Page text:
Christmas came early for T-Mobile customers wishing their service provider would start carrying Apple devices. On Dec. 6, T-Mobile's Germany-based parent company Deutsche Telekom announced in a press release that it will begin selling Apple products in 2013.

Apple spokeswoman Natalie Harrison confirmed the news with The Loop the very next day.

"In the coming year, T-Mobile USA will continue to reinforce its market presence with additions to its rate plan and product portfolio, including Apple products," Deutsche Telekom said in its press release.

"Following on from the preceding steps such as the spectrum swap with Verizon, the towers deal with Crown Castle and the transaction with MetroPCS that we have announced, we have now added the final piece to the jigsaw to boost the competitiveness of T-Mobile USA sustainably," said Deutsche Telekom CEO René Obermann, who is also the company's Chairman of the Board of Managers.

T-Mobile probably felt left out in 2012, as Apple released its newest iOS devices -- including the iPhone 5, iPad Mini and iPad 4, all LTE-capable for the first time -- on a greater number of carriers. And yet, despite Deutsche Telekom's immense presence in Europe, and even here in the US, the company simply did not feel its mobile communications subsidiary needed to sell the iPhone or iPad to make a profit.

T-Mobile customers had long urged the cellular company to adopt the iPhone, but the reason the company likely waited until now to get involved is because the latest iPhone, as well as the latest round of iPads, are all compatible with the high-speed LTE network, which T-Mobile is also focusing on expanding across the globe. Working with Apple customers will certainly help the company spread its network across the globe.

"Hesitation now means playing catch-up later," Obermann said. "We are investing in the future – with resolve and a clear strategy. The investment plans we have presented today will lay the foundation for future growth. And it is the people in Germany in particular who will benefit more than ever from the modern infrastructure."

What's interesting to note about Deutsche Telekom's press release is that the company makes absolutely no mention which "Apple products" it plans to sell in 2013. We may assume T-Mobile will support the next-generation iPhone and iPad starting next year, but it's possible Apple may only let T-Mobile sell its older models. This possibility, however, is unlikely, considering Apple's burning desire to get its devices into the most hands as possible. Selling older models through T-Mobile doesn't give those customers as much of an incentive to sign a contract with this particular carrier.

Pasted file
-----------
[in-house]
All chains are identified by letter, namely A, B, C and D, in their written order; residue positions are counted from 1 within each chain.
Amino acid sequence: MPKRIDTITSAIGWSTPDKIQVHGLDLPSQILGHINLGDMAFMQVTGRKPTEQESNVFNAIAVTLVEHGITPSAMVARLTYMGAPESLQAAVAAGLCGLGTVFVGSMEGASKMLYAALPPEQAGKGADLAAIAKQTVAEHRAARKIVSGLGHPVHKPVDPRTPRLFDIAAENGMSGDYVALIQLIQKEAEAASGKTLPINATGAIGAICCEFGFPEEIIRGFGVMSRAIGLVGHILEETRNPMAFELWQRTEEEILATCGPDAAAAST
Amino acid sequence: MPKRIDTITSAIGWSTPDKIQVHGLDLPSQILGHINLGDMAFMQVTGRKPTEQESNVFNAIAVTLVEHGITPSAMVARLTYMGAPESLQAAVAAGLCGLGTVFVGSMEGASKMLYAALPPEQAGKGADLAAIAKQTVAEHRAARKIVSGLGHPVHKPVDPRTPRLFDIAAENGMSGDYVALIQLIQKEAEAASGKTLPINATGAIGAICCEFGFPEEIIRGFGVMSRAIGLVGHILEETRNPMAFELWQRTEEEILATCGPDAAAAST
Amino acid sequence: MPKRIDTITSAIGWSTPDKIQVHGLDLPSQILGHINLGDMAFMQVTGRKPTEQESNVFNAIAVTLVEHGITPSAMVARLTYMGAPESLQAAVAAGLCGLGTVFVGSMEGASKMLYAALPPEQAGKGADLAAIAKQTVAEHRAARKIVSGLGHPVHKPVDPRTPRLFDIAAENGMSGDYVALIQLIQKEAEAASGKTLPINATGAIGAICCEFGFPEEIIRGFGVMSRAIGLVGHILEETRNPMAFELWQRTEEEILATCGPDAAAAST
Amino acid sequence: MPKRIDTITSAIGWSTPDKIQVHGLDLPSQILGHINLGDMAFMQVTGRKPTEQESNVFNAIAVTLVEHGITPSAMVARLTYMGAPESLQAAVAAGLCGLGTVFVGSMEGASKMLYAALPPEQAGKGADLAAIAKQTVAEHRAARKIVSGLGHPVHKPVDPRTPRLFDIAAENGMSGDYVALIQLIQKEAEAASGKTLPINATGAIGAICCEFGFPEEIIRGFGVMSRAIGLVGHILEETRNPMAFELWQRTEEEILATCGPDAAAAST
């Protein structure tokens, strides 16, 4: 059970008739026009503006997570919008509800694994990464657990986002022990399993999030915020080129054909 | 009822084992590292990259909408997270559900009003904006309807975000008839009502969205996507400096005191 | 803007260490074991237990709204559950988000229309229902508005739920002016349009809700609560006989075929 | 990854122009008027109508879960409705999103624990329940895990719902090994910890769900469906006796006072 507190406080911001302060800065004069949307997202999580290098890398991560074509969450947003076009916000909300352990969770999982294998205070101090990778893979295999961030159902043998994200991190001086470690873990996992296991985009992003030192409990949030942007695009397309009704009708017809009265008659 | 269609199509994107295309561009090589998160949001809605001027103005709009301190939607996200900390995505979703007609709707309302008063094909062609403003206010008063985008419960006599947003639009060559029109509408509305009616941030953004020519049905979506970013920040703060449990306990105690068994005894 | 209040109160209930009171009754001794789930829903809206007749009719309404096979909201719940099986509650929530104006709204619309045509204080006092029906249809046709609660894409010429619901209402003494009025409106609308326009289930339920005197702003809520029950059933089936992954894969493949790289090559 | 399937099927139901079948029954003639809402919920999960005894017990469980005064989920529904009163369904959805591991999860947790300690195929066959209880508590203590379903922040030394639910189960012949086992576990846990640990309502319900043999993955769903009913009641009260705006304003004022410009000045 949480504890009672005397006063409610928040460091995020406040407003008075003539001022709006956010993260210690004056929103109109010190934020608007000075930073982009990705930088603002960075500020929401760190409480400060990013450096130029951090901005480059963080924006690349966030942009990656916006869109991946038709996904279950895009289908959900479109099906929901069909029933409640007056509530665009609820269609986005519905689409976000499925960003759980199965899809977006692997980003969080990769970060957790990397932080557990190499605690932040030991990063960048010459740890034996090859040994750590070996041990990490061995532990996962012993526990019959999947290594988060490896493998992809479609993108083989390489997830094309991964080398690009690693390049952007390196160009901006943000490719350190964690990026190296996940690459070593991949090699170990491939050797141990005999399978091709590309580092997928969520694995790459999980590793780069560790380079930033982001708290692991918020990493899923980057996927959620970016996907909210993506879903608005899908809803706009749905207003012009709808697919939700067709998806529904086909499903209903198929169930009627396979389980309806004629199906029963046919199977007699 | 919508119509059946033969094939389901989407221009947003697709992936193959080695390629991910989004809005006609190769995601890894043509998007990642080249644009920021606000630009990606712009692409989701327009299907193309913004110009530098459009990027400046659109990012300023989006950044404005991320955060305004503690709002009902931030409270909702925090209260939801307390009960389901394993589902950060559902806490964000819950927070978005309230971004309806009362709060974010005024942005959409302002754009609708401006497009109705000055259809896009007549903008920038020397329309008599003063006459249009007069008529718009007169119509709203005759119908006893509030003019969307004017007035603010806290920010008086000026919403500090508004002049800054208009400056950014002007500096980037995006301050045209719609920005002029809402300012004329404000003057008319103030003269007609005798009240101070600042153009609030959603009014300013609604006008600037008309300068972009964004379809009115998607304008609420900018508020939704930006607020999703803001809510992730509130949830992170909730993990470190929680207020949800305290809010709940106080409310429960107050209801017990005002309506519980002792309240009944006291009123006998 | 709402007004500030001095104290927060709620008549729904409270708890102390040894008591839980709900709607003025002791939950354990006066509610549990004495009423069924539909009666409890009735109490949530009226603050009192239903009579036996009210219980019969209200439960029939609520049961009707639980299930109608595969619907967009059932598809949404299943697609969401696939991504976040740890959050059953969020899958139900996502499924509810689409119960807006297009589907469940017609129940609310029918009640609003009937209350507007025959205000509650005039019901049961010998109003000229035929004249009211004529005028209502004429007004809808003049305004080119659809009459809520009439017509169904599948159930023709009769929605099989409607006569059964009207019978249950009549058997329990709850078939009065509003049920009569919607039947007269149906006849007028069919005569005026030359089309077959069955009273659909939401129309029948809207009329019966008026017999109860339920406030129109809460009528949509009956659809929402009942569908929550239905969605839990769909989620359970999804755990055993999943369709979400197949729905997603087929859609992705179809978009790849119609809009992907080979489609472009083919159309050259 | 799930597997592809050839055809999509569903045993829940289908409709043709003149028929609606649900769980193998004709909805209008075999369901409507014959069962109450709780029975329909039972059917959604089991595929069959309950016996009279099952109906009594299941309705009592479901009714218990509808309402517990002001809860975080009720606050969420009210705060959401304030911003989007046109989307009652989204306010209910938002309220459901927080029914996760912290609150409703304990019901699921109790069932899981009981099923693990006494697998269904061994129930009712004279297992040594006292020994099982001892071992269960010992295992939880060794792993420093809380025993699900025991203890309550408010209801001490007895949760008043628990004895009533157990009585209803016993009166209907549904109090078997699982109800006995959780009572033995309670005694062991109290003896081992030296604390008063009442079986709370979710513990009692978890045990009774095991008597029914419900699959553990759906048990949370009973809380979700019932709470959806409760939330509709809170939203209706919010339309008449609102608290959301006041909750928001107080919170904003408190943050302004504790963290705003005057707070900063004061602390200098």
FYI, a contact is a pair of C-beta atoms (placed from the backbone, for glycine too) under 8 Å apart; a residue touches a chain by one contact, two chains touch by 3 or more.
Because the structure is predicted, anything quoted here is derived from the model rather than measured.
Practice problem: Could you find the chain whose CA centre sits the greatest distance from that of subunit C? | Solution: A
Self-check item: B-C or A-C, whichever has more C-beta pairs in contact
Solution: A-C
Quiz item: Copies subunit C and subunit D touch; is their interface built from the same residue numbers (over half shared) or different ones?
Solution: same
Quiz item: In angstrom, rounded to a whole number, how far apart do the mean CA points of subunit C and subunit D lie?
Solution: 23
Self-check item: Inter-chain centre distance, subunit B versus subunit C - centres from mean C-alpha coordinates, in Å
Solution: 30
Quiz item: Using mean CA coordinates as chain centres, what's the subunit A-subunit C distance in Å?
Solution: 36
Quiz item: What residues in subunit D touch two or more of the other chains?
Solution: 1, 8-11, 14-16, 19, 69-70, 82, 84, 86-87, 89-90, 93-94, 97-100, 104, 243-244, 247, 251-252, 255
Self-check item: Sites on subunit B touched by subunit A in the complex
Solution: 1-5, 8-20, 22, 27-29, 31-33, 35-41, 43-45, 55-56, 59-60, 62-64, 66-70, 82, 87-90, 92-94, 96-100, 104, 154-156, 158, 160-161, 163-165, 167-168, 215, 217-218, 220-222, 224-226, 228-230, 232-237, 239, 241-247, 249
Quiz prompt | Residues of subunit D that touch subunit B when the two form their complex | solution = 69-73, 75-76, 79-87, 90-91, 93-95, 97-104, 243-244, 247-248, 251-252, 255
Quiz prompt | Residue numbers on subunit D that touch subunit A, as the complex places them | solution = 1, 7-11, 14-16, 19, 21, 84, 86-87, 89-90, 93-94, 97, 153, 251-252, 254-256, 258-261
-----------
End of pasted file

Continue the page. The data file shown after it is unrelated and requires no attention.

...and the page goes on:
According to a Nov. 19 report from DigiTimes, Apple will release the successors to the iPhone 5 and iPad 4 "around the middle of 2013." The report came six days after China's Commercial Times reported on Apple's alleged plans to begin "trial production of a new version of its iPhone 5," which it called the "iPhone 5S," rather than the "iPhone 6." No name for the next-generation iPhone has been appointed by Apple, and it won't receive an official name until its eventual unveiling.

What We Know About The Next-Gen iPhone and iPads

Besides reports of chip production gearing up, we've heard very little else about Apple's seventh-generation iPhone or fifth-generation iPad. However, if the iPad 5 and iPhone 5S, or iPhone 6, is to be released by this coming summer, we'll likely receive some more news in the coming weeks and months from Apple's foreign supply chains.

We don't know what Apple has in mind for its fifth-generation iPad -- or "iPad 5" -- but Apple may have something interesting in mind, considering its patents for an iPad with a built-in stand, and one with backside controls for gaming.

We haven't heard production on any device that matches those descriptions, but we have heard that Apple is reportedly working on its second-generation iPad Mini. On Nov. 8, Chinese news site DoNews said that Apple tapped Taiwan-based AU Optronics to begin development on a Retina Display to be fitted for its 7.9-inch tablet.

As far as the next-gen iPhone, if Apple pursues any of its recent patent filings, we may see the iPhone 5S or 6 feature advanced haptics and sensors, possibly built directly into a flexible display. A newly released patent filed in March but published in September described tactile keyboards, flexible displays and laser microphones and speakers built into an iPhone, designed to conform to the user's needs. Flexible displays would allow for easier holding and typing, while the highly advanced tactile screens would create buttons when needed so the user can feel "keyboard" letters as they type, or touch the topography on Apple's Maps.

It's wishful thinking that Apple would include all these technologies in the next iPhone rather implement them over time, but it's certainly fun to think about.

Apple sold 26.9 million iPhone units and 14 million iPad units in Q4 2012.